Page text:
Event notice: Peter Bergen, Maj. Michael Waltz, and Shuja Nawaz will be discussing the Battle for Afghanistan and Pakistan today at 12:15pm EST in DC. Details and RSVP available here (NAF).

Flashpoint

The death toll from yesterday’s clashes between Kashmiri protesters and Indian security forces has risen as high as 19, and in an attempt to prevent another round of violent demonstrations, Indian police reportedly drove through the main towns in the valley announcing that curfew violators would be shot on sight (AP, Dawn, Hindu, BBC, The News, CNN, AJE, Independent). The Iranian television station that broadcast images of a book alleged to be the Quran being desecrated in the United States, which contributed to the latest round of protests, has been banned in Kashmir (Guardian, NYT, NDTV, Hindu). Yesterday, two Christian schools and 12 government buildings were set on fire by demonstrators; overnight, protesters set fire to a police vehicle southwest of the main town of Srinagar; and earlier today, street protests continues in towns across Kashmir, and thousands more Indian police were deployed (Post, Dawn/AP, AP, Reuters). Several were wounded when Indian security forces reportedly fired on crowds of protesters, and some three dozen people have been arrested in connection with the violence.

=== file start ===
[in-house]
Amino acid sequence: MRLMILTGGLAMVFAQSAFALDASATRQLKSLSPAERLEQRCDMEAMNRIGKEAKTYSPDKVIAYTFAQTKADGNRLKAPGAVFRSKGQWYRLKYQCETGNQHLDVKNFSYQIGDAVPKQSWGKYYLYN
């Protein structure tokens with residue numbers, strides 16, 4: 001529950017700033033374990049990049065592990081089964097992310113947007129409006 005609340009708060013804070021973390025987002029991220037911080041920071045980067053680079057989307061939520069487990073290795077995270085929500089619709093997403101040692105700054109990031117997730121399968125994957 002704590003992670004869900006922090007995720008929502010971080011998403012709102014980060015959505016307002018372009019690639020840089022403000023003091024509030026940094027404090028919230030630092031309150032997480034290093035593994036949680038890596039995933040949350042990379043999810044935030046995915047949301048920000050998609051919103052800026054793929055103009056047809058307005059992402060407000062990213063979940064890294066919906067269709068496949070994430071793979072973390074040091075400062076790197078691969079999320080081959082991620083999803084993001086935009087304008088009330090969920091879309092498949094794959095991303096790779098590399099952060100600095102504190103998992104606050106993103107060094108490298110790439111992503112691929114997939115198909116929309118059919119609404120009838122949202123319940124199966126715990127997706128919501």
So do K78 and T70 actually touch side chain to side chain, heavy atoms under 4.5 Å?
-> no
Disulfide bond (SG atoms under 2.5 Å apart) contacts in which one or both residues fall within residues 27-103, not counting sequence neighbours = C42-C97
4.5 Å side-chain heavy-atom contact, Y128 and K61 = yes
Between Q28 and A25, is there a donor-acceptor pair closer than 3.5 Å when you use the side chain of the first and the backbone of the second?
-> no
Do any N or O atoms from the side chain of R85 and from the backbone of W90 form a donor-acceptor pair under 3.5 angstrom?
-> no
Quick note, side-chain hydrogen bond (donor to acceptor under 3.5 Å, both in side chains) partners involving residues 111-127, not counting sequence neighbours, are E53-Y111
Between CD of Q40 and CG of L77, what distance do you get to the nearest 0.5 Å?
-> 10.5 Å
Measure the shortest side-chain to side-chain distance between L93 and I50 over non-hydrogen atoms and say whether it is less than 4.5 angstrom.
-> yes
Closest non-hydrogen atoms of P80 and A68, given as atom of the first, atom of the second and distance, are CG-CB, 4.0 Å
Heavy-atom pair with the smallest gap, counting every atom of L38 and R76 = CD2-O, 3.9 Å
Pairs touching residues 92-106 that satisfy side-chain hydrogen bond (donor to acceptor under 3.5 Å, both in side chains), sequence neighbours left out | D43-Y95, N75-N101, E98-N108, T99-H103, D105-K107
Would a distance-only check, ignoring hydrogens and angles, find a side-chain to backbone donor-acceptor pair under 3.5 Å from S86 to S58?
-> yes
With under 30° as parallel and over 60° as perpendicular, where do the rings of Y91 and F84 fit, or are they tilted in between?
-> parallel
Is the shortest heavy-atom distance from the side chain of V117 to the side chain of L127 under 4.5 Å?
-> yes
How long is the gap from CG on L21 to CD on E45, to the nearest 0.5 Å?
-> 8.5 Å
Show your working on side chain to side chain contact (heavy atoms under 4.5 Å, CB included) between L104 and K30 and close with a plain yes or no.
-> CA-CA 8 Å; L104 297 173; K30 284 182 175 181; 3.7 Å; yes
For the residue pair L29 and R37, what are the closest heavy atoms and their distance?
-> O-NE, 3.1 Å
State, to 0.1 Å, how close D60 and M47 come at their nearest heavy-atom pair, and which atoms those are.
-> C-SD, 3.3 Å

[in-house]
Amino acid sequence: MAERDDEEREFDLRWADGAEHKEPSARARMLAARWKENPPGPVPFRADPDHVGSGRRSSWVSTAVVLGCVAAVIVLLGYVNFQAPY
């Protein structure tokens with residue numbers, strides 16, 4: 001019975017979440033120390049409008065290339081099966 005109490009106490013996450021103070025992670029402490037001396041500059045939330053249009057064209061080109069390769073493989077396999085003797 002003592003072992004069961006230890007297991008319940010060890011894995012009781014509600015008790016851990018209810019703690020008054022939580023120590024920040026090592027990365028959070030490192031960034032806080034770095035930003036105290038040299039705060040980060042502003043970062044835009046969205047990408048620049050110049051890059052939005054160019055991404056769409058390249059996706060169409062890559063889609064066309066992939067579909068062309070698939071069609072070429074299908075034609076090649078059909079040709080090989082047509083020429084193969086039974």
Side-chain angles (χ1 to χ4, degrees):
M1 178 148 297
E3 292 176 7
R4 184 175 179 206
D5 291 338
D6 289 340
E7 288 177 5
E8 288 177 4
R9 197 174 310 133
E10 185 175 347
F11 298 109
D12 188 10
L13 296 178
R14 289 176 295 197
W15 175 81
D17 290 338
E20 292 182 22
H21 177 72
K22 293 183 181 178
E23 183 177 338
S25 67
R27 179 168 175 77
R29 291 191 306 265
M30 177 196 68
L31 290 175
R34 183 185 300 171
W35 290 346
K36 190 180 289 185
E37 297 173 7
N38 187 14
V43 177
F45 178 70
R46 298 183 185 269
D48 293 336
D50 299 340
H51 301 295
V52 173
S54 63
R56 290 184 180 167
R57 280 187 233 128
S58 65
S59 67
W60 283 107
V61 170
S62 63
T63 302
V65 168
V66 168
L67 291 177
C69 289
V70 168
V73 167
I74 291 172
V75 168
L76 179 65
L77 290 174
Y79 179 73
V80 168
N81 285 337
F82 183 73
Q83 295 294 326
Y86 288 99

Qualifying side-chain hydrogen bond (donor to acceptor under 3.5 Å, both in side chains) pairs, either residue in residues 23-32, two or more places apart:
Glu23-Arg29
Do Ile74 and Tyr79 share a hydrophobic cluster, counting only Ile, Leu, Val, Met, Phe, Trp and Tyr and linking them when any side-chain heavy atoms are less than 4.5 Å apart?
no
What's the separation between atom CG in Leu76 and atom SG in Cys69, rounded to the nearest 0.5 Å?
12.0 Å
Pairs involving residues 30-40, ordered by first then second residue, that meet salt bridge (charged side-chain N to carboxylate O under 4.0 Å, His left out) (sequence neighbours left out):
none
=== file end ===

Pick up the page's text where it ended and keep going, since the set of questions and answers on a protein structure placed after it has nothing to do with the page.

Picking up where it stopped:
Indian authorities have put off making a decision about whether to change the Armed Forces Special Powers Act, an unpopular law which currently gives Indian security forces broad leeway to carry out operations in Kashmir and shields them from liability (WSJ, Hindustan Times, FT, The News, Hindu).

Barraged